Sunday, November 30, 2008

Sharpen your business writing skills

In today's fast paced lifestyle, writing something that can be read and understood in seconds is of prime importance. To ensure your correspondence does not get stuck in a pile of unread letters or unopened emails, make sure you stick to the following guidelines.

1. Keep each sentence short. Using long sentences and intellectual sounding passages does not make us more intelligent. A concise report saves reading and writing time. A good trick is to read the report out aloud. If you've run out of breath at the end of any sentence, it's too long and should be modified.

2. Be specific. Use specific and concrete words. Do not make your readers guess about the context of the material. If needed, included specific dates, times and venues.

3. Use the active voice. A sentence written in the active voice is straightforward and to the point. A simple example of an active voiced sentence is 'The CEO gave a speech to his shareholders'. In a passive voice, this would be 'A speech was given by the CEO to his shareholders'. See the difference?

When writing, avoid if possible the following words, which signify the passive voice:
is being
has been
have been
had been

4. Organize your ideas. Put them down on a sheet of paper before starting to write. Make sure you get to the point straight away. All similar thoughts should be grouped together to make for easy understanding. Using headings, numbers and bullet points will ensure that the reader can remember your points and can refer back to them easily.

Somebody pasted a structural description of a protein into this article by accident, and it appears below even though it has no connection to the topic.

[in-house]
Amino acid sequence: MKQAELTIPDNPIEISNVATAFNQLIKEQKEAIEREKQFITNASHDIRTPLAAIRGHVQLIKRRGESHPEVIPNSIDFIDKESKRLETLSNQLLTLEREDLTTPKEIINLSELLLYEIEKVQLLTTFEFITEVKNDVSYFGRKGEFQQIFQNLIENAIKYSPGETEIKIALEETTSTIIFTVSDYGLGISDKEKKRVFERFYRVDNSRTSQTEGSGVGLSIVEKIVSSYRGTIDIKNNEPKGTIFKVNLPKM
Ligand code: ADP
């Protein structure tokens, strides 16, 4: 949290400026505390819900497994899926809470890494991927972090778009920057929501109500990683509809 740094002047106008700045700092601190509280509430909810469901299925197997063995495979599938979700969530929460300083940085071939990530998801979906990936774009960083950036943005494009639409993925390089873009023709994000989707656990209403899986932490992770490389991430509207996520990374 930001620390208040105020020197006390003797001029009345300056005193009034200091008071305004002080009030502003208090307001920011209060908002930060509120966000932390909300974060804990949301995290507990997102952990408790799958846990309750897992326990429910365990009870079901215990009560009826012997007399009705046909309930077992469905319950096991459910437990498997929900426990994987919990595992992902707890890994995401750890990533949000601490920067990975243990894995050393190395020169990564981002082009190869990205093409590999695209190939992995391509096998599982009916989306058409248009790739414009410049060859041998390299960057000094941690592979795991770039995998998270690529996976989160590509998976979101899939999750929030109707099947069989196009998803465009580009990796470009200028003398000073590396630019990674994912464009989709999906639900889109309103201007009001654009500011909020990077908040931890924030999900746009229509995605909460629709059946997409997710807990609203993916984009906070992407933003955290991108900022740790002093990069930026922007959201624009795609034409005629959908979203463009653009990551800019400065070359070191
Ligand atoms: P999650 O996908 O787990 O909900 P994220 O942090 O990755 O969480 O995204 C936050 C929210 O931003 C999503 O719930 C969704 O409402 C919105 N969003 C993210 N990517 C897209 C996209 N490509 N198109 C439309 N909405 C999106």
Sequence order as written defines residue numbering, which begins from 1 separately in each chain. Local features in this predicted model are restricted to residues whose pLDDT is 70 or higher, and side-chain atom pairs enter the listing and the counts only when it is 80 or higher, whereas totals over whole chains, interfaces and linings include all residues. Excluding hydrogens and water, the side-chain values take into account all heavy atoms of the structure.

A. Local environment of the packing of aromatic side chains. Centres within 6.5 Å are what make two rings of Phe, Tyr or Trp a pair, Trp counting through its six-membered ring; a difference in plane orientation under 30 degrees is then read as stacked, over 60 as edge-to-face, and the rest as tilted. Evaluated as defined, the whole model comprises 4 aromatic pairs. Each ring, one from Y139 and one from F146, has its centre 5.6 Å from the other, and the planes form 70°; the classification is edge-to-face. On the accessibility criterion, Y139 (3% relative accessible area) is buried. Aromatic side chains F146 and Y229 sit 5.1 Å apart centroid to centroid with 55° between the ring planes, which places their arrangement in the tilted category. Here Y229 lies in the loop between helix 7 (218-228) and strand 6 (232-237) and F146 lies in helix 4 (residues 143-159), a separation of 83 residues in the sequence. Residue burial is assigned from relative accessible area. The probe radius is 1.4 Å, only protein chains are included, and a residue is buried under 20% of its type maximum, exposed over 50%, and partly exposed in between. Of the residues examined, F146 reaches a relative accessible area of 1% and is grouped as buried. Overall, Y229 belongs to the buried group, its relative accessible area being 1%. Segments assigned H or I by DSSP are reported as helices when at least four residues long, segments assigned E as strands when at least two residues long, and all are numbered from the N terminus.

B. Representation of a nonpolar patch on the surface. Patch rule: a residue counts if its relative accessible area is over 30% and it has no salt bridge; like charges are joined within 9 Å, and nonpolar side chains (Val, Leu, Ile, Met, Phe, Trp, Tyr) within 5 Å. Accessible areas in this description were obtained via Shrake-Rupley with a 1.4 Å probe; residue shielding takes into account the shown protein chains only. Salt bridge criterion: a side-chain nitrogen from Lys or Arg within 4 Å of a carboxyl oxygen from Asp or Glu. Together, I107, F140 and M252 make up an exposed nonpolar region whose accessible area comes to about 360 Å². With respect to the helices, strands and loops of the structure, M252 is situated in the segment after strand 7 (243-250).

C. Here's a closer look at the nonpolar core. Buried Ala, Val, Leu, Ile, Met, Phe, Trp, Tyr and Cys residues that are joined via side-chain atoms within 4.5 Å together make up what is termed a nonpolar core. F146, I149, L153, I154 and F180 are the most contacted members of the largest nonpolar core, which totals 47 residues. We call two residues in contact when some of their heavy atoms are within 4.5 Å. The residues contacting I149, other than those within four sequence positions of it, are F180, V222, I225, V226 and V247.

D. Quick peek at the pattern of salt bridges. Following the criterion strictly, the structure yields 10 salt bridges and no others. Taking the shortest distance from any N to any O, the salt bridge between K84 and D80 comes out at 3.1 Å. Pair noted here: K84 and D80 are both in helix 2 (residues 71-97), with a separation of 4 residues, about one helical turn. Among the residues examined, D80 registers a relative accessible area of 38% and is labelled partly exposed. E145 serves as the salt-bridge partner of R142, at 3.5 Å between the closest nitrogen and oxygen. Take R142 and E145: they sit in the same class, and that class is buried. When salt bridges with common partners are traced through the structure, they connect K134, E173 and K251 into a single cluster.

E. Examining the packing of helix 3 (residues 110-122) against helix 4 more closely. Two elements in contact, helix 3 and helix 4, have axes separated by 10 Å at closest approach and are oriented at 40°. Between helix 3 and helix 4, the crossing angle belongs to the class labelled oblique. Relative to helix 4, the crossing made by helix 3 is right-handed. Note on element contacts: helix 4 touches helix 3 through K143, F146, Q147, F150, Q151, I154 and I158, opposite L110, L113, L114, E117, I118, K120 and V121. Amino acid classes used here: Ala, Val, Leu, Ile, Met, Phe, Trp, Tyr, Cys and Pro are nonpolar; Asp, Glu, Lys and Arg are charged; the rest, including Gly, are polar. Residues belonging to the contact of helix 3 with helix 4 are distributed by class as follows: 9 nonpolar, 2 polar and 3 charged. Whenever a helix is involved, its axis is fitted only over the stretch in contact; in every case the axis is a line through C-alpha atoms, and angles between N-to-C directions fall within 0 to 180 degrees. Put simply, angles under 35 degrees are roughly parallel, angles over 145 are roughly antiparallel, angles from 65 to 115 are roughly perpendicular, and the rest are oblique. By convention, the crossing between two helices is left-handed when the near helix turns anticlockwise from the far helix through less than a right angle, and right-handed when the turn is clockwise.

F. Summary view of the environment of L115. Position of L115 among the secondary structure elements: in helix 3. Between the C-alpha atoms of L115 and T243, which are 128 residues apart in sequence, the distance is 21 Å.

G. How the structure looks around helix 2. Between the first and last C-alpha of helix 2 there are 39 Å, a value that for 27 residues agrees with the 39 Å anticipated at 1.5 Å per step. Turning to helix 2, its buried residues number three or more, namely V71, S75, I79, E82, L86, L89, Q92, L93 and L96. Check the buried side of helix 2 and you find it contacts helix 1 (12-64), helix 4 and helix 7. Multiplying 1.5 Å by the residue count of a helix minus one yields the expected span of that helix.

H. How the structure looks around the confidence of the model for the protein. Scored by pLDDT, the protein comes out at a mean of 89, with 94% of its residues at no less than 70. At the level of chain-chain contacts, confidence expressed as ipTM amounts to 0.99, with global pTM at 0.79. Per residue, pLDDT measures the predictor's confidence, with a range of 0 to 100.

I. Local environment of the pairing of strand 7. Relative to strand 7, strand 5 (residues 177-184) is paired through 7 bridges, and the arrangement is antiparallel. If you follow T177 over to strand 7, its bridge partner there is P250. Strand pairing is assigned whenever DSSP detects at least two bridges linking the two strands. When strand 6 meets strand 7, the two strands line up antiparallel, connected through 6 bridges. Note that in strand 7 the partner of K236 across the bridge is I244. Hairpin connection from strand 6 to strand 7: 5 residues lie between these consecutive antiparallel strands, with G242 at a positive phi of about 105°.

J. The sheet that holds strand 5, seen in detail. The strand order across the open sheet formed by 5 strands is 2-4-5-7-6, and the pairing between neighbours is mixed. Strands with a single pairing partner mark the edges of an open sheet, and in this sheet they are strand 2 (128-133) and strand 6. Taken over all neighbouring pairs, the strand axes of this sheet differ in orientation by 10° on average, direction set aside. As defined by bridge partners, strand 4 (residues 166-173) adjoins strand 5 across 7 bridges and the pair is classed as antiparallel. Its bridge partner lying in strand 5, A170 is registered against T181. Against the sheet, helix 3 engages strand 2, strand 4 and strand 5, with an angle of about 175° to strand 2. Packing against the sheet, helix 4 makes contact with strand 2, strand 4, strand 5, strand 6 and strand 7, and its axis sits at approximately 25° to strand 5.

5. Write as you wish to be seen. If you use long winded pompous sentences, that is how you will come across as a person, to your readers. Similarly, if your tone is too friendly and confidential, you may not be looked upon as someone to be taken seriously. Use positive words and avoid stuffy clich├ęd business phrases.

6. Edit and spell check your document. Make sure it's grammatically correct and use a spell check before sending it out. There is nothing more unprofessional than receiving a poorly spelt document. Remember though, that most computer programs are tailor made to catch poor spelling mistakes, not poorly constructed sentences. If possible, get someone else to look through your document.

A well written document not only saves time, but also positions you as a figure of authority. A poorly written piece may even cost you your business. Investing a little time and energy in proper written presentation will surely increase the positive results you'll get.